It’s best to use an old toothbrush, some naptha, and a soft cloth to clean them first. The toothbrush will let you clean deeply into the gears, and around the post where it rotates in the retaining hooks.
Problem 3: Corrosion (rust)
If your tuners have become corroded then the surface of the metal is likely damaged, and at this point the best option is to replace the tuners.
If you’re a die-hard DIY fan or don’t want to replace the tuners, then first you will need to dismantle the gears from the shaft with a screwdriver.
Then grab some metal polish and use your trusty toothbrush to work it around anything metal, and then rub dry with a soft cloth.
Lubricating the Tuners
After cleaning, you need to add some lubricant. You can use a cotton bud with a small amount of silicon oil, but note that the oil can cause dust to stick again in the future.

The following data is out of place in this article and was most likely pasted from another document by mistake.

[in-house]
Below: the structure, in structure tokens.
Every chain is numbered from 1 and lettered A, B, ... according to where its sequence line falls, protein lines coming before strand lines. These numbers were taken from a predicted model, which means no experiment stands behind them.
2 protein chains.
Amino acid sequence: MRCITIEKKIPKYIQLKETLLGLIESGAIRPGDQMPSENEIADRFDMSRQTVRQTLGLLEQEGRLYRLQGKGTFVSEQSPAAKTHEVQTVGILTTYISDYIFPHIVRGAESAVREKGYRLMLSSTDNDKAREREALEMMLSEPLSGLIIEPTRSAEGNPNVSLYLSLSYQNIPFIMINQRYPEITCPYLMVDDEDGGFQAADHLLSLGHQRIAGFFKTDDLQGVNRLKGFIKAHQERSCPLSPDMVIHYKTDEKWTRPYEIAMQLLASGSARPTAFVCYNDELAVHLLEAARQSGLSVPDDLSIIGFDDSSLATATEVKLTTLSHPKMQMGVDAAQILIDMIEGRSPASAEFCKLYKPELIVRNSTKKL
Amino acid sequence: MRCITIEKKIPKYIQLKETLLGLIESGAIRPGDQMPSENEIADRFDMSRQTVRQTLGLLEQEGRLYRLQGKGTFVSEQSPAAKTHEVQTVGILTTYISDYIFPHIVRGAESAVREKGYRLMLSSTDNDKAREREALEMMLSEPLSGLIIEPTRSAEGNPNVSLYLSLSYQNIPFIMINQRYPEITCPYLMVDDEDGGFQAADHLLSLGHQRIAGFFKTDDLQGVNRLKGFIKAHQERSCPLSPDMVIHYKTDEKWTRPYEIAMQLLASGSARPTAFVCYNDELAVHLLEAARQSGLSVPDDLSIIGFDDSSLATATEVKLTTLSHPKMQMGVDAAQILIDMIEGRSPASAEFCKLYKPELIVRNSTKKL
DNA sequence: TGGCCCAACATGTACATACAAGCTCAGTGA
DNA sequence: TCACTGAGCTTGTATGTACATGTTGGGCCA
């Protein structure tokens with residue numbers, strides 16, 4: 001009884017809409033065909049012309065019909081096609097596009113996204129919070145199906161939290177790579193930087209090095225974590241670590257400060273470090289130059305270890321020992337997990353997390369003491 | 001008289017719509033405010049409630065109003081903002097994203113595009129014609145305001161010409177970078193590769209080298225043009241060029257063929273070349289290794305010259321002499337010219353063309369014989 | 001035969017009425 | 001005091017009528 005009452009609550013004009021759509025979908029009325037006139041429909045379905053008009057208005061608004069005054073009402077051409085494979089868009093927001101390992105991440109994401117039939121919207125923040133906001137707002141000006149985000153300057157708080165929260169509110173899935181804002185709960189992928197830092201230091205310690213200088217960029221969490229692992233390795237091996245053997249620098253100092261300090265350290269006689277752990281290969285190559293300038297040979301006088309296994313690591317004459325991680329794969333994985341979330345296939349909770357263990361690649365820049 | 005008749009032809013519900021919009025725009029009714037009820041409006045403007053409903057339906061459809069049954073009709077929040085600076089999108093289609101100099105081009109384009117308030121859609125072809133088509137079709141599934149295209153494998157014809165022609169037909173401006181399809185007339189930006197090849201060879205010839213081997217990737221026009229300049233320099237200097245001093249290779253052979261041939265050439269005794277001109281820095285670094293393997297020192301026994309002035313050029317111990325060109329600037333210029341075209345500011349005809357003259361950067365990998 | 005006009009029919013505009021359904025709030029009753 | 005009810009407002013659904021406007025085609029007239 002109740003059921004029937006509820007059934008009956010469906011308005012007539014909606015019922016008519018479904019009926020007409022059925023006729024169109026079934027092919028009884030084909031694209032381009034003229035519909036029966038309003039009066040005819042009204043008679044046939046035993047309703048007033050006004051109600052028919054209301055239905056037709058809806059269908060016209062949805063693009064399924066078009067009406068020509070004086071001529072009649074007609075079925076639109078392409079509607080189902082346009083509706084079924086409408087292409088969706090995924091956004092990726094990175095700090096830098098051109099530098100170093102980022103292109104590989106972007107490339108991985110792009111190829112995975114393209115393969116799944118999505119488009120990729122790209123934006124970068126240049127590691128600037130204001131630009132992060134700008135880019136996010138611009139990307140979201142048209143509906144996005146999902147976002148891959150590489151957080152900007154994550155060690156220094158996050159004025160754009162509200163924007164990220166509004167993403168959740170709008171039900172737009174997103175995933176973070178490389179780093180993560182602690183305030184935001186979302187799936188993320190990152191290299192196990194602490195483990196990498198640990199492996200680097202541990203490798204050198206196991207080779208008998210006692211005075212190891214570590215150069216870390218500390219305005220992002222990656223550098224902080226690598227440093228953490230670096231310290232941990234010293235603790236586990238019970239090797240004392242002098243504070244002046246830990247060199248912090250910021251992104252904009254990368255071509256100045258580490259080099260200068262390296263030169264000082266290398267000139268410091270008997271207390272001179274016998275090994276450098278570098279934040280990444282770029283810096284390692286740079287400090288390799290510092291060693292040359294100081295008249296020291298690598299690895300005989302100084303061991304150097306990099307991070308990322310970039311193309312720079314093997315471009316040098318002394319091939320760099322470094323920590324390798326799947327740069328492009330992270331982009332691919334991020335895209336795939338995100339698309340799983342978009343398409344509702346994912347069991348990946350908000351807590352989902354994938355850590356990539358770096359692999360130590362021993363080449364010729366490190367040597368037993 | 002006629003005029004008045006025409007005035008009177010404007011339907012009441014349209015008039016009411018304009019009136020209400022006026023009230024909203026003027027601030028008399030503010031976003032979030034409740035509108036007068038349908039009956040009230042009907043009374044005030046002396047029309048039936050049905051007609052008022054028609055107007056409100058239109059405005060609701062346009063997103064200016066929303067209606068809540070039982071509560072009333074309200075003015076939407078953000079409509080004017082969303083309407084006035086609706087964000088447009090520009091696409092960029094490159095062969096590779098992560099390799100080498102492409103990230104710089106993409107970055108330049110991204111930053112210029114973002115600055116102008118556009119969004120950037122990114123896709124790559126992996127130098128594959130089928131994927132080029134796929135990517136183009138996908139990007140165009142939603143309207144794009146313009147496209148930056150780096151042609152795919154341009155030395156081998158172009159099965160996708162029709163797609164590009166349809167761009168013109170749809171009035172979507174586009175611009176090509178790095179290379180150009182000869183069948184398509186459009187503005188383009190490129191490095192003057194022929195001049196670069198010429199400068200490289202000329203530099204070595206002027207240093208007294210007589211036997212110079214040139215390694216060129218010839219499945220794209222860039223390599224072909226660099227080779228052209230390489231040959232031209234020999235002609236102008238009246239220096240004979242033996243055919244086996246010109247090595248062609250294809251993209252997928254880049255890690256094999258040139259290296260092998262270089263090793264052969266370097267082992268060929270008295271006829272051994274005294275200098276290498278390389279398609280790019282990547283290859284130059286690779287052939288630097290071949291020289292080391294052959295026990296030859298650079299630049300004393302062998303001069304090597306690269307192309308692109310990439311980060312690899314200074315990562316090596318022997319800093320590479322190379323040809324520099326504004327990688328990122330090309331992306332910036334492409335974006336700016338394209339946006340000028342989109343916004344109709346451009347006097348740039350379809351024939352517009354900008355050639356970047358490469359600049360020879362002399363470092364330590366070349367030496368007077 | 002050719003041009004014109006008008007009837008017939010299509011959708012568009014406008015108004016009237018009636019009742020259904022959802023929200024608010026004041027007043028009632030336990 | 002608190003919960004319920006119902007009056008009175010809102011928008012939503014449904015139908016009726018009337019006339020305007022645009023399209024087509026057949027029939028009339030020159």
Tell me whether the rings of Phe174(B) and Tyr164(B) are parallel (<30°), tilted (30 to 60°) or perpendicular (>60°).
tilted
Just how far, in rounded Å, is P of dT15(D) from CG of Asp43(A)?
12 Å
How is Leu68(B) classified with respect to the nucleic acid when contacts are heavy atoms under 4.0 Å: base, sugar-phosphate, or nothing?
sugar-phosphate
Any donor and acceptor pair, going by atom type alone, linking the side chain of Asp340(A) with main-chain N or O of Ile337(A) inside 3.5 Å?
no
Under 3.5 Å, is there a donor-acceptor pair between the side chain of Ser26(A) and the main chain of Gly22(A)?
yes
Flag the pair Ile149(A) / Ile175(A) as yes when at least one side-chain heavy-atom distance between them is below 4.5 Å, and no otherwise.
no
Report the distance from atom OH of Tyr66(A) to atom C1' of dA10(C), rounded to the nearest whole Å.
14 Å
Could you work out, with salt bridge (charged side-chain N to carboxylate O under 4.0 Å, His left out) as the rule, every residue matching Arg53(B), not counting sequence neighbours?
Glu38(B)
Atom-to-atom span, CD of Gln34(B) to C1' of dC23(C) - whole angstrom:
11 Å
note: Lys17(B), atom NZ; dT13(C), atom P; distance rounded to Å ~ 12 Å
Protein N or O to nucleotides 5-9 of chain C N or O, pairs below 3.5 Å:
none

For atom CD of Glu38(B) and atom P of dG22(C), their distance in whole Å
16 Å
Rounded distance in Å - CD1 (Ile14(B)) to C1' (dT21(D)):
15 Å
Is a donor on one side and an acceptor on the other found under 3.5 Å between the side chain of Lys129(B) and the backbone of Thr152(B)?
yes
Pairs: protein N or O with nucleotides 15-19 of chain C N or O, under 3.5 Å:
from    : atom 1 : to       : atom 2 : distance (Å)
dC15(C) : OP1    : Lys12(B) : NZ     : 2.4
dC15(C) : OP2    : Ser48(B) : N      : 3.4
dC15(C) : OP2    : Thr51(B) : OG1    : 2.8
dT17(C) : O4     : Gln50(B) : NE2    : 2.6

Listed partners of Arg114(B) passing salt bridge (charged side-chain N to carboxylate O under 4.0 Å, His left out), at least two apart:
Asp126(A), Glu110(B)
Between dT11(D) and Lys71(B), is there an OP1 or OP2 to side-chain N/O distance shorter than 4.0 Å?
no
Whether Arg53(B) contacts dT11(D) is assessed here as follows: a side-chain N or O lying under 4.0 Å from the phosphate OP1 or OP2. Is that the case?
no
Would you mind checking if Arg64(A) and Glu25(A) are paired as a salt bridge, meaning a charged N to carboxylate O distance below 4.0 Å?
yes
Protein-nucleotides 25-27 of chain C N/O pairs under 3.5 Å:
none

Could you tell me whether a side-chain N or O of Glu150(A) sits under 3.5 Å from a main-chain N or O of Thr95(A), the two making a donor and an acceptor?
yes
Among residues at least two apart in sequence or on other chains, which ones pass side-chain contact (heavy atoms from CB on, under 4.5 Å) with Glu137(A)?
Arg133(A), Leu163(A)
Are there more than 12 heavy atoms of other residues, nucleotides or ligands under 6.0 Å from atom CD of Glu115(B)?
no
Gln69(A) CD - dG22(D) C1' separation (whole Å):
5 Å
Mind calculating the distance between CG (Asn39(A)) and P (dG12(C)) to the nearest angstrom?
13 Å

Graphite powder is a good lubricant (but a bit messy), or just get a lead pencil and work the tip around the gears and post contact points. Otherwise use some PTFE teflon spray lubricant which doesn’t attract dust since the surface remains dry.
Move the tuner back and forth a few times without string tension to get the lubricant to coat all the surfaces.
Rear-mounted Vintage Tuners
These are identical to side mounted tuners in the way they work, except many of them are individually screwed to the guitar.
Since they work the same way, just use the same methods as the side mounted tuners.
2. Covered Tuners
Vintage Kluson and Modern Covered Tuners
Kluson-style tuners were used for many years on guitars, and still are today for a vintage look and also for a lightweight tuning peg that doesn’t add much weight to the neck.
They work in the same manner as open gear tuners, except the cover helps to keep dust and dirt out. The downside is that on many of these tuners you can’t remove the back without bending the metal.
This limits how much you can do to fix them, but as long as they are mechanically working without too much free-play you can still improve their ease of turning.
Cleaning Covered Tuners